Lewis and Clark National Historical Park staff, in partnership with other organizations, participated in the Oregon silverspot butterfly (OSB) release this June. Volunteers carrying coolers full of larvae hiked up Saddle Mountain in search of meadows of early blue violets. Early blue violets, Violeta adunca, are the sole host plant for the OSB. The captive […]
When Thomas Jefferson directed Lewis and Clark to observe “objects worthy of notice,” he went on to specify “the animals of the country generally, & especially those not known in the U.S.” This instruction included insects, and the Corps of Discovery did not disappoint. Jefferson also directed Lewis to pay close attention to the seasons,
The Visitor Center at Fort Clatsop is under remodel starting Jan. 16. Operation hours, 9 a.m. to 5 p.m., will not be impacted but visitors will be rerouted to enter the Visitor Center through side doors. Visitors are asked to follow all signage.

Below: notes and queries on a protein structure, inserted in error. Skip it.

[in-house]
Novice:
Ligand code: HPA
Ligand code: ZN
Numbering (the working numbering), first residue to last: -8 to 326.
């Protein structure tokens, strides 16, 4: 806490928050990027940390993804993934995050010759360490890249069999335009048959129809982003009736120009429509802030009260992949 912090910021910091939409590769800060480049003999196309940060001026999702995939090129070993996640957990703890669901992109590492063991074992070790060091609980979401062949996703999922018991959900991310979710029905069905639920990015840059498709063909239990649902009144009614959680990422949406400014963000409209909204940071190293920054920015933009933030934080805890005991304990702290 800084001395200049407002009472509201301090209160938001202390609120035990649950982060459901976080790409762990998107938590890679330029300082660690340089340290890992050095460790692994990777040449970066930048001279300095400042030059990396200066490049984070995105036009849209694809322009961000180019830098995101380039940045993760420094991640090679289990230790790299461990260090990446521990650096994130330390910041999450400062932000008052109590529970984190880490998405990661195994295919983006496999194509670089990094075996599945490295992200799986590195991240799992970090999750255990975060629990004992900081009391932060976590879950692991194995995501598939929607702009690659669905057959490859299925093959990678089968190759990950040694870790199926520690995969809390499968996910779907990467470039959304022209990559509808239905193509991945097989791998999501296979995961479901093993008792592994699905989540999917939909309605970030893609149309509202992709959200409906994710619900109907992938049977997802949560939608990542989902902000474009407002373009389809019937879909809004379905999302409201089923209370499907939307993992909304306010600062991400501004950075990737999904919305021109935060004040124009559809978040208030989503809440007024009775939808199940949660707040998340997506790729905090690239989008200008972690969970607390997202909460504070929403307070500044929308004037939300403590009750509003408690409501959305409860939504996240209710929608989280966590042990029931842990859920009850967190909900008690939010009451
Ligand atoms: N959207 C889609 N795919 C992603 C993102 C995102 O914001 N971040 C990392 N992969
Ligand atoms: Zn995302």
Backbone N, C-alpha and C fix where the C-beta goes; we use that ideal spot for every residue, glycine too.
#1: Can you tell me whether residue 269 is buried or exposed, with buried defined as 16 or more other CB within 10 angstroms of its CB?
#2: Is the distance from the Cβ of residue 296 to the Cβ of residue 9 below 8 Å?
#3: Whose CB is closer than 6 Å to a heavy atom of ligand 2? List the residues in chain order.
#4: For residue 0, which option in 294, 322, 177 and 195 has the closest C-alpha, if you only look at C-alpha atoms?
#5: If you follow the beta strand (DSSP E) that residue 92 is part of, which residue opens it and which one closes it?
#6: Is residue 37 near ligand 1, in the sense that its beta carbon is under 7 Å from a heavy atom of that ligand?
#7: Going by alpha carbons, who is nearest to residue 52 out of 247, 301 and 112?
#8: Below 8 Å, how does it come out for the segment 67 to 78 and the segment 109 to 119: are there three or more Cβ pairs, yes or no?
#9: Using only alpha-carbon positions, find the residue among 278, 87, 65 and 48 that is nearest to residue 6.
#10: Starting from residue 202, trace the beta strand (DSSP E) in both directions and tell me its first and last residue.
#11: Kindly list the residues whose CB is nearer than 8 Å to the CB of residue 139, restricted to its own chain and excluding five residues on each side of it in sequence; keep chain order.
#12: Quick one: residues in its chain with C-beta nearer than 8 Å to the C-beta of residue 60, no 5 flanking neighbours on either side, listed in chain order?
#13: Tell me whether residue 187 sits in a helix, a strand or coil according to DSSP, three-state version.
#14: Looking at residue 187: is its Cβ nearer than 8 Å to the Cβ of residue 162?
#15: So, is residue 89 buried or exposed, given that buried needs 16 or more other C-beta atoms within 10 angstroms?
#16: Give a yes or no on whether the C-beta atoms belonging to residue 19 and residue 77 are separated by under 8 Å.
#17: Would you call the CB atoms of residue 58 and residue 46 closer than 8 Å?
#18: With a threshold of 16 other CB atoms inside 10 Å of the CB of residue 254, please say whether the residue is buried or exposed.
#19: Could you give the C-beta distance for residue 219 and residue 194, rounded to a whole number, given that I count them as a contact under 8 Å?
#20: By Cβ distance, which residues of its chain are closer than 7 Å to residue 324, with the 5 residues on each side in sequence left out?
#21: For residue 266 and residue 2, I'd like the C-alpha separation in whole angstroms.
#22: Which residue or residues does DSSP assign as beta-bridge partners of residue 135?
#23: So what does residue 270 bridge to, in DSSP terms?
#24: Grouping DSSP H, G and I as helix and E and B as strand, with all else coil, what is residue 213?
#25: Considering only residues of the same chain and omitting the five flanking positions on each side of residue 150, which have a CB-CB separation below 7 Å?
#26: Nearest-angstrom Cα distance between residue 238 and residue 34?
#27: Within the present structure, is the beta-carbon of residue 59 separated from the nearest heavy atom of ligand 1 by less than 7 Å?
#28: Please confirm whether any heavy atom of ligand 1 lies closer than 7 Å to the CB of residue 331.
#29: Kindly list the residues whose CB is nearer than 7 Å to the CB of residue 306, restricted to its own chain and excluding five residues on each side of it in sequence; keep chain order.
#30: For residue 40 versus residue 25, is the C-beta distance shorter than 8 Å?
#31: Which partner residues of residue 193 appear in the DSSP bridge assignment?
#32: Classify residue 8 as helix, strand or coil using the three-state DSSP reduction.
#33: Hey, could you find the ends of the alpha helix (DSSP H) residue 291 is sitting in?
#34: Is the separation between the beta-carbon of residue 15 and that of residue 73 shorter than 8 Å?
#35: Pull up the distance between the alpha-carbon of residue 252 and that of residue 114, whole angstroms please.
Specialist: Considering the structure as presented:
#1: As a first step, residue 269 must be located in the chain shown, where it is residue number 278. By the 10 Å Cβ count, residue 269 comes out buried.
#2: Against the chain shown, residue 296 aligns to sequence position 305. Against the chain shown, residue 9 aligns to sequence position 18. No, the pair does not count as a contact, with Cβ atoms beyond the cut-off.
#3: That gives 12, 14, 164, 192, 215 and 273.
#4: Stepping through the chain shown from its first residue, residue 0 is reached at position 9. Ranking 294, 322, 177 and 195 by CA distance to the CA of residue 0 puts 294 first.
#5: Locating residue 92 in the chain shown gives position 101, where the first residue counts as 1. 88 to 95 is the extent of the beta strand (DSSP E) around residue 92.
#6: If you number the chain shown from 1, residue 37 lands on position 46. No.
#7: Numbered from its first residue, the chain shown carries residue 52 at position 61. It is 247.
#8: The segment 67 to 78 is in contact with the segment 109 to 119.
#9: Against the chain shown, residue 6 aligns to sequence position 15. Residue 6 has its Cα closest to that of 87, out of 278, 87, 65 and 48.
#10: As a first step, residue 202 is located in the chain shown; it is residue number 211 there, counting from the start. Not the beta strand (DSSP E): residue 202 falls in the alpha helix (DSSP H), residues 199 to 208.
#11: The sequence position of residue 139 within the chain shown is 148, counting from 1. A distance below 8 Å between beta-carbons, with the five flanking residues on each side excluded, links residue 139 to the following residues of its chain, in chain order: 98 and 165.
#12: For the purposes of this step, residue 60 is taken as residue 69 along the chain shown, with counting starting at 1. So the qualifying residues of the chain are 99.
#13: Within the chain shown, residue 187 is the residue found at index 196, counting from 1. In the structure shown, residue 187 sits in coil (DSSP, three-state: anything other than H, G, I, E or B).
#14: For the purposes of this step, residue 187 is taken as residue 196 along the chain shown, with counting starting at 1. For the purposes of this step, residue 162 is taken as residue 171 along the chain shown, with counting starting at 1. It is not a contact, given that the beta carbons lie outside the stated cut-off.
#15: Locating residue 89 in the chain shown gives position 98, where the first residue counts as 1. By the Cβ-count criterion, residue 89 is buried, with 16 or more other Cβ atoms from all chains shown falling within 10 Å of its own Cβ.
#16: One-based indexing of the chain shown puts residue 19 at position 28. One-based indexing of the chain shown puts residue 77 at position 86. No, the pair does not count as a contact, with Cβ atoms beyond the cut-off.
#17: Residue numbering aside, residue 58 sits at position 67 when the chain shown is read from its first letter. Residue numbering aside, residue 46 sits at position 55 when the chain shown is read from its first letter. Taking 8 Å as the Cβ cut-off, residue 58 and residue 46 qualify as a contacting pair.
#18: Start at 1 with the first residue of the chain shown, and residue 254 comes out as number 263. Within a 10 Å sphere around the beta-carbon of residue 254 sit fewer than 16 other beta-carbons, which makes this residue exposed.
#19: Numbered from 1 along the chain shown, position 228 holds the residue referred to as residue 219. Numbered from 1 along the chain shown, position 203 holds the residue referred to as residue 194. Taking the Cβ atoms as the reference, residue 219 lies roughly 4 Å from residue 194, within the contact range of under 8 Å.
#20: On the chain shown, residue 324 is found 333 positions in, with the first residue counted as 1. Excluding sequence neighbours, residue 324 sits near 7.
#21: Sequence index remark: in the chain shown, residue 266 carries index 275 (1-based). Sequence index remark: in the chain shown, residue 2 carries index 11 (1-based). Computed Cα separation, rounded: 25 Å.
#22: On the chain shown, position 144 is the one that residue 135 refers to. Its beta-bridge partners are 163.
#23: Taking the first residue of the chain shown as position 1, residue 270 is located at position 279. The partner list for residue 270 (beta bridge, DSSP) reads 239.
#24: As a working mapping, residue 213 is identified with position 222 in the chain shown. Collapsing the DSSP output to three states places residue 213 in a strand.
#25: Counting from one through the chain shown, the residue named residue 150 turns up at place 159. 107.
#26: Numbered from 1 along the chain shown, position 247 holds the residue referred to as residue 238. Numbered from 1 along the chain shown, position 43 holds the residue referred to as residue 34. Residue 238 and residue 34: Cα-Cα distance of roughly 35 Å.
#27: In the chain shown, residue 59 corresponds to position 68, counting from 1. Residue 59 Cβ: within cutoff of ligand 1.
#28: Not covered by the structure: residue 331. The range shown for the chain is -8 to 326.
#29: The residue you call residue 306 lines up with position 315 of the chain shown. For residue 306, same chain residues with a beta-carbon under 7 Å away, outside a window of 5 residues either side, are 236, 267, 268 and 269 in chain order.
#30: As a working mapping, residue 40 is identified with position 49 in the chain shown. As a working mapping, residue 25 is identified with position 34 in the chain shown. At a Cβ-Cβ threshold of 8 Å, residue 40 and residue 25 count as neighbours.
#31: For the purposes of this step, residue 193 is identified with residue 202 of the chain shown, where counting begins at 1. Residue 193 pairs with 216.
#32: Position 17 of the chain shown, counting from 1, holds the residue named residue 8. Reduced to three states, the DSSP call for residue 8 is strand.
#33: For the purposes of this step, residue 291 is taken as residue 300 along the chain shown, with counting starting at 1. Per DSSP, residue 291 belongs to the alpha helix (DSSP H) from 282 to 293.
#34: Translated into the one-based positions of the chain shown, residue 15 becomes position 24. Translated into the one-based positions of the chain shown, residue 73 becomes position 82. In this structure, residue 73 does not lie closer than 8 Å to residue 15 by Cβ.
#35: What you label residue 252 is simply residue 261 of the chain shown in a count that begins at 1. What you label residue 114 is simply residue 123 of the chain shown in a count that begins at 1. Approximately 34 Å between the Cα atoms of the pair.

While visiting Fort Clatsop, you may have seen signs pointing you towards the Netul River Trail. Perhaps you even ventured down a couple hundred yards and reached the historic canoe landing found along the trail where Lewis and Clark’s crew docked their canoes. However, if you haven’t gone the full mile down the trail, then you may have missed the great spot known as Netul Landing!
The Knowledge-Holders of the Quinault Indian Nation and author Doug Deur have given readers a beautiful and useful guide to regional ethnobotany. “Gifted Earth: The Ethnobotany of the Quinault and Neighboring Tribes” (Oregon State University Press and published in cooperation with the Quinault Indian Nation, 2022) is a gorgeous meditation on Indigenous plant knowledge and use as “living tradition.”
2022 marks the first year of the Klahowya Youth Volunteer program, an opportunity that gave high school students hands-on experience working at Lewis and Clark National Historical Park. This program was supported by the LCNPA, which provided funding and resources.
The journals of Lewis and Clark are abundant with references to berries, nuts, roots, and other edible plants shared with them by the Indigenous peoples.
The ancient practice of foraging has been gaining attention online in recent years. People with little to no foraging experience are enthralled with the practice – and rightfully so! Foraging is fun, fascinating, and a great way to get in touch with nature. What better place to forage than in a National Park?